The metonymy of writing in the ghosted machine may be gleaned further from the rhyme scheme of the poem. In the first stanza, the off rhyme comes with ‘something mechanic’ describing the robotic human, and perfect it’, the pronoun here referring to the imperfect machine (lines 9,10). The final stanza has an odd number of lines (15). The final word ‘tea-machine’ now stands alone, taking over the blissful role of his maker as  ‘Mellow, unmated and serene’ (line 15); the parenthetical qualification equating to the voyeuristic act ends with the words, ‘I mean,’ itself a rhetorical qualification that rhymes with ‘seen’ in the previous line. Though the tea-machine resides outside the rhyming couplet formation in the outstanding last line, it nevertheless attaches to the poem through its rhyming relation to the last couplet, just as the tea-machine’s role change is assumed through this same rhyme (‘serene’). One must also observe that the voyeuristic penultimate line (‘From the windows across the street, I mean’) has insinuated a voyeur with the pronoun ‘I’, who seems to reveal herself as the narrator, with a requisite sense of menace and rhetorical playfulness: a ‘scrupulous meanness’.6 I believe that Joyce’s signature phrase for his own stylistic invention in Dubliners is particularly relevant to Spark’s style, punning on the idea of meanness as both economical and harsh or malicious. I will only mention here the clear resemblance between Mr. Chiddicott and Mr. Duffy in ‘A Painful Case’, the solitary bachelor whose sense of clinical perfection ruins another life.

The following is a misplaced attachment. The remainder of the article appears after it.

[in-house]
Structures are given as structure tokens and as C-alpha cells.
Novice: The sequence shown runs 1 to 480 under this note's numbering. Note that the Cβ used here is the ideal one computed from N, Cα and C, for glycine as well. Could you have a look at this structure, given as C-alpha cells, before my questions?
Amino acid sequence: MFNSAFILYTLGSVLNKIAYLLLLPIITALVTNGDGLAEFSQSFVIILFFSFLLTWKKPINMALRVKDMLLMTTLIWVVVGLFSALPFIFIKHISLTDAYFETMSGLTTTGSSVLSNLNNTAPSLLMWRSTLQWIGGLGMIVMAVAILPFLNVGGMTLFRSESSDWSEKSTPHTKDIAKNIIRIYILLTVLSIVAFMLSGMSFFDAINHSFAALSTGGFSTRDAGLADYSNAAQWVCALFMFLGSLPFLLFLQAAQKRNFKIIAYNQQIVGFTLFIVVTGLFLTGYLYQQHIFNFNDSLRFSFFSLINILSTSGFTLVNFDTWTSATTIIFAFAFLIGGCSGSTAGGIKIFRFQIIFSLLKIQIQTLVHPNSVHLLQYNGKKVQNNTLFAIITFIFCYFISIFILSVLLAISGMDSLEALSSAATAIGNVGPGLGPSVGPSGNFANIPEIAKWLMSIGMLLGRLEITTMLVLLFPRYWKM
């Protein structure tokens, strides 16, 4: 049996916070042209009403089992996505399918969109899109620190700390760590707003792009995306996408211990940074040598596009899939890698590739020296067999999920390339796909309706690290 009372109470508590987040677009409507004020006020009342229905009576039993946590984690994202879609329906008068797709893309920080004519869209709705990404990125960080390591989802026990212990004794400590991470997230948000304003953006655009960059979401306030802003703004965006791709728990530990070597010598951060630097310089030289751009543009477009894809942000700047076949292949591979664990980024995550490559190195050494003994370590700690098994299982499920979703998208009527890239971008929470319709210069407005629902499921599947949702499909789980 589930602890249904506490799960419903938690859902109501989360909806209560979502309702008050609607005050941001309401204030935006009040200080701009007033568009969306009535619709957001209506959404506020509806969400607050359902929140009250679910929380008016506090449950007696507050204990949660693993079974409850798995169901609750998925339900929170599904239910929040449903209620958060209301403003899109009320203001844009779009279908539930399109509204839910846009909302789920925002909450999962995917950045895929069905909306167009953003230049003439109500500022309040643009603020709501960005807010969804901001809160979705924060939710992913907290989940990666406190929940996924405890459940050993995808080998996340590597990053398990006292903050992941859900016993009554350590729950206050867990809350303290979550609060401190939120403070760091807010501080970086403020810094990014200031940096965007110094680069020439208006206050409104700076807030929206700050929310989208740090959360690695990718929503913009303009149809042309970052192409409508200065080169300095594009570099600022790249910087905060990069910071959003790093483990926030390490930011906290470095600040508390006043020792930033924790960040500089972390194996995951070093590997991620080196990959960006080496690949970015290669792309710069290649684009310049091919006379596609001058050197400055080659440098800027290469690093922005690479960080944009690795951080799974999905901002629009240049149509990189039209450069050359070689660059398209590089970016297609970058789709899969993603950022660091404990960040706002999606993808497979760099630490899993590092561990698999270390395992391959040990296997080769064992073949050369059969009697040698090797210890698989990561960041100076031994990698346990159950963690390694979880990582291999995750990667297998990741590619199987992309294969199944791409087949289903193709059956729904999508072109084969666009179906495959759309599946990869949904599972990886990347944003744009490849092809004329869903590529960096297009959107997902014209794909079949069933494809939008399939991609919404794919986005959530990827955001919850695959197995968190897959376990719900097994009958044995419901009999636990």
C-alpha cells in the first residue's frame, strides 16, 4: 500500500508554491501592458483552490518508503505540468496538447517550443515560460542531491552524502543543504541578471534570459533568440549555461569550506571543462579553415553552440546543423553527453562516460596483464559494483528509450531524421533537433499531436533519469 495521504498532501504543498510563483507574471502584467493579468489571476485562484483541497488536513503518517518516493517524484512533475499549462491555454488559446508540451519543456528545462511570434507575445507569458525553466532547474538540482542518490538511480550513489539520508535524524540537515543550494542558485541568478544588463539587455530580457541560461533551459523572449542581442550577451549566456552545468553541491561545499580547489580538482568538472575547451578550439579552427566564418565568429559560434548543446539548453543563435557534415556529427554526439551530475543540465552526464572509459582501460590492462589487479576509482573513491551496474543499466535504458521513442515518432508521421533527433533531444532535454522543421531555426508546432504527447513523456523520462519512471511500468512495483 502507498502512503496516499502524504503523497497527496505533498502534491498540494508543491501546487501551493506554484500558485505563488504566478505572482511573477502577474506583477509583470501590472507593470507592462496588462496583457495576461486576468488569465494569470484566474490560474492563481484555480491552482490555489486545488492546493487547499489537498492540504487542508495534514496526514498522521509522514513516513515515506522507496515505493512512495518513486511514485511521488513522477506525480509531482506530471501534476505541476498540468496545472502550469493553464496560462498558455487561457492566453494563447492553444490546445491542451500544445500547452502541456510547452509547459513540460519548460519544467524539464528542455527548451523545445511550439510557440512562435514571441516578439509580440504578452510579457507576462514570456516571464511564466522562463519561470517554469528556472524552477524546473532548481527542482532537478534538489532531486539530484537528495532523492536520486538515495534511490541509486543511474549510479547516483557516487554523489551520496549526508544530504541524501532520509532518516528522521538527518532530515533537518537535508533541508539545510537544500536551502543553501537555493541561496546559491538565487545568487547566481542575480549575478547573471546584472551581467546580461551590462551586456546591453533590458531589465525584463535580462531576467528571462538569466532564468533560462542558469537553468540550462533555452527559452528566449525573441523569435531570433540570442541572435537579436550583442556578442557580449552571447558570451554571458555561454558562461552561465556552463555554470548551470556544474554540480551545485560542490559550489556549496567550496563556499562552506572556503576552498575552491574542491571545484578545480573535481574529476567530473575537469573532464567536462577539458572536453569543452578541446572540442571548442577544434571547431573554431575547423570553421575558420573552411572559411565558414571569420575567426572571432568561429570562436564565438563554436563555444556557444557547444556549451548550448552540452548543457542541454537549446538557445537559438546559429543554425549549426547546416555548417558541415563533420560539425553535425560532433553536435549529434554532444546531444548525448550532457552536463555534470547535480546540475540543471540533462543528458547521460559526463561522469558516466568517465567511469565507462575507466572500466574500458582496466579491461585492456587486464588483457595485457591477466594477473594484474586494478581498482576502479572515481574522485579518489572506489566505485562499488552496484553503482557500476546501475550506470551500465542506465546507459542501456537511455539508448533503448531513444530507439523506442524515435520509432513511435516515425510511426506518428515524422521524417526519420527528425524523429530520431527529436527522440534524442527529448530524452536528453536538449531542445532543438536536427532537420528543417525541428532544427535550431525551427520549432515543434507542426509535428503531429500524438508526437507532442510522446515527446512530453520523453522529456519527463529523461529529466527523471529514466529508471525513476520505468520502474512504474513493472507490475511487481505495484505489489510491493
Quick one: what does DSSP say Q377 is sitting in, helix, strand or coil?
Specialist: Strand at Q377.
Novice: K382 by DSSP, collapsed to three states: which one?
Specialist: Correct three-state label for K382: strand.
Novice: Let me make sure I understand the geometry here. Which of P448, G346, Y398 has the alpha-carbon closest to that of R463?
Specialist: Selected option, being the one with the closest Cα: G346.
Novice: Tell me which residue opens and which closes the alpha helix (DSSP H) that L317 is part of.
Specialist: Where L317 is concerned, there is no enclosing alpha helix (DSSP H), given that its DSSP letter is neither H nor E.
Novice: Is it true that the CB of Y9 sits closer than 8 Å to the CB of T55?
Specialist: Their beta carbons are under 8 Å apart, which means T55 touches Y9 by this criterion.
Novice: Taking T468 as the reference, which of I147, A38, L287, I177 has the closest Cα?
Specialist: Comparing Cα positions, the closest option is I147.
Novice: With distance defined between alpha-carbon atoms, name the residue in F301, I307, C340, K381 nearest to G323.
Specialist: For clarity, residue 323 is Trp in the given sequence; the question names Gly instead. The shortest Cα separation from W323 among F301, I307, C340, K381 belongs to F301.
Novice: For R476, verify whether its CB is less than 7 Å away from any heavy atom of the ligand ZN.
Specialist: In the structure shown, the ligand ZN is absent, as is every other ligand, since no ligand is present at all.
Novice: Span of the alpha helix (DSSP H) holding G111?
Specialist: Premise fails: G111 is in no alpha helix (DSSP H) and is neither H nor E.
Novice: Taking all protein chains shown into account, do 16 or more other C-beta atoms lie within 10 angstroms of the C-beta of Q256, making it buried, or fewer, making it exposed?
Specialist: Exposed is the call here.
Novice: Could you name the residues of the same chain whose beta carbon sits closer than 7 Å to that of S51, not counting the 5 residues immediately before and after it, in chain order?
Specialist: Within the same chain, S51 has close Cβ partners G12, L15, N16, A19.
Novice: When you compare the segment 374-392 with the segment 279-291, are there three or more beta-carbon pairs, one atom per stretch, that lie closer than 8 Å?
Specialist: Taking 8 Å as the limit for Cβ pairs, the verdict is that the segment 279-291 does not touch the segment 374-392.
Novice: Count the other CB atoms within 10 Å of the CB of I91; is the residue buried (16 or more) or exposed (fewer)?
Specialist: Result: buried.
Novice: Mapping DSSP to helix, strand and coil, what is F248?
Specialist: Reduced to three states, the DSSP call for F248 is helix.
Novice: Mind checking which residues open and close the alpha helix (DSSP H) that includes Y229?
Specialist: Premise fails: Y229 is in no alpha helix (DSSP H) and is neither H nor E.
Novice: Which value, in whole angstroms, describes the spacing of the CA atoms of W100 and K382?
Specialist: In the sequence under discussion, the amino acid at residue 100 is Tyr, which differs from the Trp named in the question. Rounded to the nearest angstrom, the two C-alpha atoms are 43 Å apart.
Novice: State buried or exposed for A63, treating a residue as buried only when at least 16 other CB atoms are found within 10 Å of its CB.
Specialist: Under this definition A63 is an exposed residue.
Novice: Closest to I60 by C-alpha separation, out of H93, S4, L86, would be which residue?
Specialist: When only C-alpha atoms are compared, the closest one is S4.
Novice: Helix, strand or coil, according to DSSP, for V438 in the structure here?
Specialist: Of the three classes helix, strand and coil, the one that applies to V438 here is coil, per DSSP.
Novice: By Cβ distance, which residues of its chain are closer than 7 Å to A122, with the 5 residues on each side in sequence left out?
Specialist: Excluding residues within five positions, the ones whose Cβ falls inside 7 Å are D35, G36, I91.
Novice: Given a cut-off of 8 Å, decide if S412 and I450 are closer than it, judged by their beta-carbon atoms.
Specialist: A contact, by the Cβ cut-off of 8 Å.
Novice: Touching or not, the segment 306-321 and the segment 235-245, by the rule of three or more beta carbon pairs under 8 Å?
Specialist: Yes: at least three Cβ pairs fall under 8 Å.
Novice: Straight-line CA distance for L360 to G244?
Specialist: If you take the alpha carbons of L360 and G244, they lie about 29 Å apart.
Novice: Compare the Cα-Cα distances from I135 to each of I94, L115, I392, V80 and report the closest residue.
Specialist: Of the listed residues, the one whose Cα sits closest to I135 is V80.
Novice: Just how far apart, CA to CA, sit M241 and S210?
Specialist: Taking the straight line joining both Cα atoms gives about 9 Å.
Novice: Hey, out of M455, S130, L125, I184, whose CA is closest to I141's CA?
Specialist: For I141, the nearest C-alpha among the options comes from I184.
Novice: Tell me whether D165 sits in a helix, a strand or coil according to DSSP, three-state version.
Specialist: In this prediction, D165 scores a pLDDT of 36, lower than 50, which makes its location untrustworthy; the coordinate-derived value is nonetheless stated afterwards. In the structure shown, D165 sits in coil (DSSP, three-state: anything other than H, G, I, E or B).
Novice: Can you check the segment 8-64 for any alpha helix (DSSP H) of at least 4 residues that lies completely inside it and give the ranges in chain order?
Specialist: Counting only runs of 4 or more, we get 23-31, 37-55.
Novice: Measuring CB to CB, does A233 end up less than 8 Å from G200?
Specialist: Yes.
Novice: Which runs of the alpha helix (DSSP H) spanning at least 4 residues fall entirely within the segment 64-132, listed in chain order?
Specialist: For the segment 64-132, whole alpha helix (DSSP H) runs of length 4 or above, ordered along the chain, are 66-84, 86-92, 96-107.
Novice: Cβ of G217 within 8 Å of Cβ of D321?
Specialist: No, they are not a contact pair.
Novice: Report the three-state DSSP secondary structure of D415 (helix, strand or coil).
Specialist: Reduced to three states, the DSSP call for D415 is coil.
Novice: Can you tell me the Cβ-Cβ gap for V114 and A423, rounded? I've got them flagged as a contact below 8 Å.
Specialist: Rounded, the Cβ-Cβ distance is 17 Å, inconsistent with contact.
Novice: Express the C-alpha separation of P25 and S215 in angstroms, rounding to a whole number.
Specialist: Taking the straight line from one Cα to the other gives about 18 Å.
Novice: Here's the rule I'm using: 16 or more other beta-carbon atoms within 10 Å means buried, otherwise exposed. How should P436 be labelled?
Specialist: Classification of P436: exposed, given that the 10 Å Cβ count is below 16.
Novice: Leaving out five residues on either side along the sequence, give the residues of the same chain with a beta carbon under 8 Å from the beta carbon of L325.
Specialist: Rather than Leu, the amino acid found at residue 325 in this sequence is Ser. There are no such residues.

Spark is not strictly a formalist, a modernist, or a postmodernist, but her focus on what constitutes the writing machine and its perfections/imperfections is rehearsed here and elsewhere in her oeuvre through her rhetorical machinations. The menace which resides in the overriding sense of a loss of control is pervasive and the cost is steep, an unavoidable pun in this fable about a tea machine. But what is exactly ‘fruitless’, the other pun in this tale about an unyielding bachelor? Does Spark pull her punch with this title, as she often does, by ridiculing the would-be simplicity and moral yield of the fable?  Or is it the fruitlessness of any attempt to constrict her to a particular form?

‘Fruitless Fable’

Mr. Chiddicott, being a bachelor,
Purchased from a reputable department store
(Barkers’) a morning tea-machine
At the price of fifteen pounds fifteen.
Easy to work, all plugged and wired.
Each night, he set the time required,
And every morning when he heard